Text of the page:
Walter Whetsell, the veteran political consultant who has run Rice’s congressional campaigns said, back in January, that thoughts of Rice’s vote would soon go away. Whetsell misread this issue because it is not going away.

Whenever Rice posts something to his Facebook page, the comments are approximately 80 percent negative towards him. When the commenters are analyzed, it appears that approximately half of the 20 percent who support Rice are Democrats.

Rice said several times that he voted his conscience back in January when he cast a vote to impeach Trump. He properly commented on the Surfside Beach sign that this is a free country and people have a right to express their opinion.

But, those opinions are hard against Rice now and it’s going to be very difficult for him to turn a majority of Republican primary voters around in the next year. It will be interesting to see the reception he receives, if he decides to run for his Congressional seat again, when he meets with voters in live campaign events.

It is also interesting that the same yard where the Rice sign was hung from a tree had a Russell Fry sign for the S. C. House.

Fry has been mentioned as a possible opponent to Rice in next year’s Republican primary for the nomination for the S.C. 7th Congressional District.

According to local media, Fry had no comment about the sign issue. To date, Fry has voiced no support for Trump on the impeachment issue nor support for Rice’s vote.

If he wants to be considered a serious candidate for the Republican nomination for Congress, Fry is going to have to get off the fence and take one side or the other of the impeachment issue. What he has done in the S. C. House of Representatives is not going to matter to voters.

Meet Ken Richardson the Number One Candidate to Beat Tom Rice

Ken Richardson is a lifelong resident of Horry County. He has been married to wife Donna for 43 years. The couple has two children, Christi Richardson Hucks who has been married to Robert Hucks for 15 years and Christopher Jason Richardson, age 36. Christi and Robert Hucks have two children, Riles age 12 and Winston age 10. All three generations are products of Horry County Schools.

The Richardson and Hucks families have long histories of being involved in public affairs as elected officials, appointed officials and judgeships in Horry County.

Richardson attended Conway High School and was a member of the first integrated football team at the school. He was the smallest player on the team and the coach credited his determination with helping him win a spot.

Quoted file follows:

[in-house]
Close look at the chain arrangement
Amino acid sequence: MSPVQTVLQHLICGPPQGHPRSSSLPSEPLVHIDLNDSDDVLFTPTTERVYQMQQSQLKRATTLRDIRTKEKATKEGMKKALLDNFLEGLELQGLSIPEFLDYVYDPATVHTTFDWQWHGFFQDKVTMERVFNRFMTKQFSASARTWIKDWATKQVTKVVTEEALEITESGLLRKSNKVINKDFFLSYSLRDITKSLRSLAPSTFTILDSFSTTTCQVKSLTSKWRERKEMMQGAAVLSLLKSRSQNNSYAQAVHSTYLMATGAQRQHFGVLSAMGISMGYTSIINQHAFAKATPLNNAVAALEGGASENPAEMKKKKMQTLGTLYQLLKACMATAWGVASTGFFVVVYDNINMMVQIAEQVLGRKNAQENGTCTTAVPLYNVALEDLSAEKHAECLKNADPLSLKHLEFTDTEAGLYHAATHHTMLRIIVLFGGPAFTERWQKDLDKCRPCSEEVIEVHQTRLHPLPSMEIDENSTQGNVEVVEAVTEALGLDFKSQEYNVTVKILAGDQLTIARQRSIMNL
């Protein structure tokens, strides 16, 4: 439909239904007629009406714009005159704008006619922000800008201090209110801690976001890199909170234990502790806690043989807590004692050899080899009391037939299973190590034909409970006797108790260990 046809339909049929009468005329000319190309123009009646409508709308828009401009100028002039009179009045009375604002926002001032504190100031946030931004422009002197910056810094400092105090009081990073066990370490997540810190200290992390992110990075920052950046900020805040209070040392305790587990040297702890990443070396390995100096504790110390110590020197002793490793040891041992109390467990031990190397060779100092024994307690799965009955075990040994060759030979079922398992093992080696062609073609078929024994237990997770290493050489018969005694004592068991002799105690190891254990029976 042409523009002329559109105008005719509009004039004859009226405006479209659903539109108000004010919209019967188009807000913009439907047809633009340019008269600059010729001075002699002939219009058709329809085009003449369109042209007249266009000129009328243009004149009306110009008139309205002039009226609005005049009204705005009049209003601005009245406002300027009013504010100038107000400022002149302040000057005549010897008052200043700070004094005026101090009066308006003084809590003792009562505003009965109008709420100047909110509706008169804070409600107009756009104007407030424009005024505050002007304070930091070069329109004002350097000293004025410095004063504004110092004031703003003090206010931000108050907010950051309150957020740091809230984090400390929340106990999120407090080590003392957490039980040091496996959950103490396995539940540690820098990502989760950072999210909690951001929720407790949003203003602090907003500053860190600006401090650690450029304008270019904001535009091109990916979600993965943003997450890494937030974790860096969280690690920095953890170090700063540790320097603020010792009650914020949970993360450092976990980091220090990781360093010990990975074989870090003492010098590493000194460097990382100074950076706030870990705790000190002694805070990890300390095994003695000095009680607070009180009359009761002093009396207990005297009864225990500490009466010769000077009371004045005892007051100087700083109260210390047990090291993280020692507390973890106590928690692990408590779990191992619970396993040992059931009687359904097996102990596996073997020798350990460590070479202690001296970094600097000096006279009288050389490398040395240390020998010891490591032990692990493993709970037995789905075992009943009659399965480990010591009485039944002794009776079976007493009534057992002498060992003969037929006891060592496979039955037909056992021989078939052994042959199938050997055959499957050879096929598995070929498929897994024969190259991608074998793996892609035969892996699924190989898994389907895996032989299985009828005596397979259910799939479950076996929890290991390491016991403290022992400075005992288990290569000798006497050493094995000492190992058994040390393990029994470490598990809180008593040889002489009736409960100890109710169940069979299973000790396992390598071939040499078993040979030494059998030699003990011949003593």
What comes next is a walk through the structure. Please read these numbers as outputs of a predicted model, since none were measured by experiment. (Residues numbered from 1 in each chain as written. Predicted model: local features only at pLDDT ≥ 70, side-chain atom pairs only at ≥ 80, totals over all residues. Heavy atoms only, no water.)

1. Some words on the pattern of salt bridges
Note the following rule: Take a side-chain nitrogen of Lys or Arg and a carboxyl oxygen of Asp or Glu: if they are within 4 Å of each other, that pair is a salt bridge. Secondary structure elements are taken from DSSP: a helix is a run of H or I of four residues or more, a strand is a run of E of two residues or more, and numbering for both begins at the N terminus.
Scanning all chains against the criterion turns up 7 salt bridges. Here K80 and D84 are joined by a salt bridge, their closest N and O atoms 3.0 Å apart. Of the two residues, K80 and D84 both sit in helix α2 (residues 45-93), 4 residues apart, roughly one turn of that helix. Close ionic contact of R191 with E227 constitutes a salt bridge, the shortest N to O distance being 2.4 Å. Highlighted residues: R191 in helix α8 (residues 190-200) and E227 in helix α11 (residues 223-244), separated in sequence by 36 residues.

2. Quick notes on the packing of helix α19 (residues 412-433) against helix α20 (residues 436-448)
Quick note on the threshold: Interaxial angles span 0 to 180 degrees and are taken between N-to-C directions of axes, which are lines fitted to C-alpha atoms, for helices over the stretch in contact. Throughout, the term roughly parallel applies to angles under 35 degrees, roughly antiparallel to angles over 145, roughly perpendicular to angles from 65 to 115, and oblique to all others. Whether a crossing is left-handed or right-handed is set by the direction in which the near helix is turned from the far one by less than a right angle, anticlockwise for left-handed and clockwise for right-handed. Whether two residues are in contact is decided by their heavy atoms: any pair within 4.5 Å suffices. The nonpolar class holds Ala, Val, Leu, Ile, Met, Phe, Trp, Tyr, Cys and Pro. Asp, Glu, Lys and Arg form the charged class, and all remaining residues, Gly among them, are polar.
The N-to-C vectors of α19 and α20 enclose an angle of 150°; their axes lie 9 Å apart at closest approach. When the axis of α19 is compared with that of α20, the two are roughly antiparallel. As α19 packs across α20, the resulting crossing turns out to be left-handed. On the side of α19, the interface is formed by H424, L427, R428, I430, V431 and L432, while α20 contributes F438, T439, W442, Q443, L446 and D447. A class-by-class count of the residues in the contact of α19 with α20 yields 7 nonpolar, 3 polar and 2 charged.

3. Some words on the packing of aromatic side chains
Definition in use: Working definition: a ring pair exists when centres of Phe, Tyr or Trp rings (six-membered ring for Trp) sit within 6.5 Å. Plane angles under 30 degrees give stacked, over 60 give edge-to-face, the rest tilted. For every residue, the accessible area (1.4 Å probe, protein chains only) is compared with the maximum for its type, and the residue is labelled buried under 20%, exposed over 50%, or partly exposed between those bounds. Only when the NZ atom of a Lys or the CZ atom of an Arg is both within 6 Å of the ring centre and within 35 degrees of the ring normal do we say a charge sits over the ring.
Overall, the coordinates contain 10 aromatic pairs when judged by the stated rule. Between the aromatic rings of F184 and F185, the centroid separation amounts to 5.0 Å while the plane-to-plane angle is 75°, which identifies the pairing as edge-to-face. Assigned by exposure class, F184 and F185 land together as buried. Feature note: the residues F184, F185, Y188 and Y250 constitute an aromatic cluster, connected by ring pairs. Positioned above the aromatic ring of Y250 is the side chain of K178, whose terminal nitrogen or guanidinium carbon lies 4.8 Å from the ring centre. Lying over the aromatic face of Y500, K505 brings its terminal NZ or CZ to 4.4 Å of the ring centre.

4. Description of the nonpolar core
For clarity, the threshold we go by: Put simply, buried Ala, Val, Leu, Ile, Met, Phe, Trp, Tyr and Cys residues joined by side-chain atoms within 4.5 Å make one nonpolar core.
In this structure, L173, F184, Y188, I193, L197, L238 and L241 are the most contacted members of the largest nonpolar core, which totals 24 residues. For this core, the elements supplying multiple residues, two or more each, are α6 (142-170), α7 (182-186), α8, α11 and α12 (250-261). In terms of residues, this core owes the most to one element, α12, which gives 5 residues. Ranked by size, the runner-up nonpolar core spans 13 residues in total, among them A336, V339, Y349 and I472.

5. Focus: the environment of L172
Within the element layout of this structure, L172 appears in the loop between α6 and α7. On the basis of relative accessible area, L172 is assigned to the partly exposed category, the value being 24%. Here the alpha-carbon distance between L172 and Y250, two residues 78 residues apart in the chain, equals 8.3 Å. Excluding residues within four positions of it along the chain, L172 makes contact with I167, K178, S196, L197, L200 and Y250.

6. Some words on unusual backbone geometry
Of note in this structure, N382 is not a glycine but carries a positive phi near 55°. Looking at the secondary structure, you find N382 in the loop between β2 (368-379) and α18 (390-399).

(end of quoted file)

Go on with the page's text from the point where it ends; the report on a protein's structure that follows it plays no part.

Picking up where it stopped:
After graduating from Conway High School, Richardson attended Horry Georgetown Technical College.

While studying at Horry Georgetown Technical College, Richardson was hired as a salesman at Fowler Motors beginning a 40 year career at the car dealership. Beginning the month he was hired, Richardson ran a string of 57 straight months as Salesman of the Month for the dealership before being moved to management. In 1998, Richardson purchased the dealership from Mr. Fowler and was the owner of the only Mercedes, BMW and Cadillac dealership under one roof in the country. He sold the dealership in 2009 to semi-retire and to concentrate more time on his passion – education.

The Trump Factor in 2022 7th Congressional District Primary

Former President Donald Trump left no doubt over the weekend that he will be a factor in the 2022 off year elections for the U.S House of Representatives and Senate.

Speaking at the Conservative Political Action Conference (CPAC) Sunday, the former president called out the names of all 10 Republican representatives, including the 7th Congressional District’s Tom Rice, and seven Republican senators who voted for his impeachment. “Get rid of them all,” Trump said.

Trump indicated he will oppose all 17 Republicans who voted against him when they come up for reelection and back candidates who subscribe to his “Make America Great Again” agenda.
Incumbency normally works to a candidate’s advantage. However, in the case of Rice and the others who voted to impeach Trump, it will lose its significance.

Horry County School Board Chairman Ken Richardson already has a campaign in place to challenge Rice in the 2022 Republican Primary. He has opened a campaign account, filed with the Federal Election Commission hired campaign staff and is making the rounds of Republican events in the district to introduce his candidacy.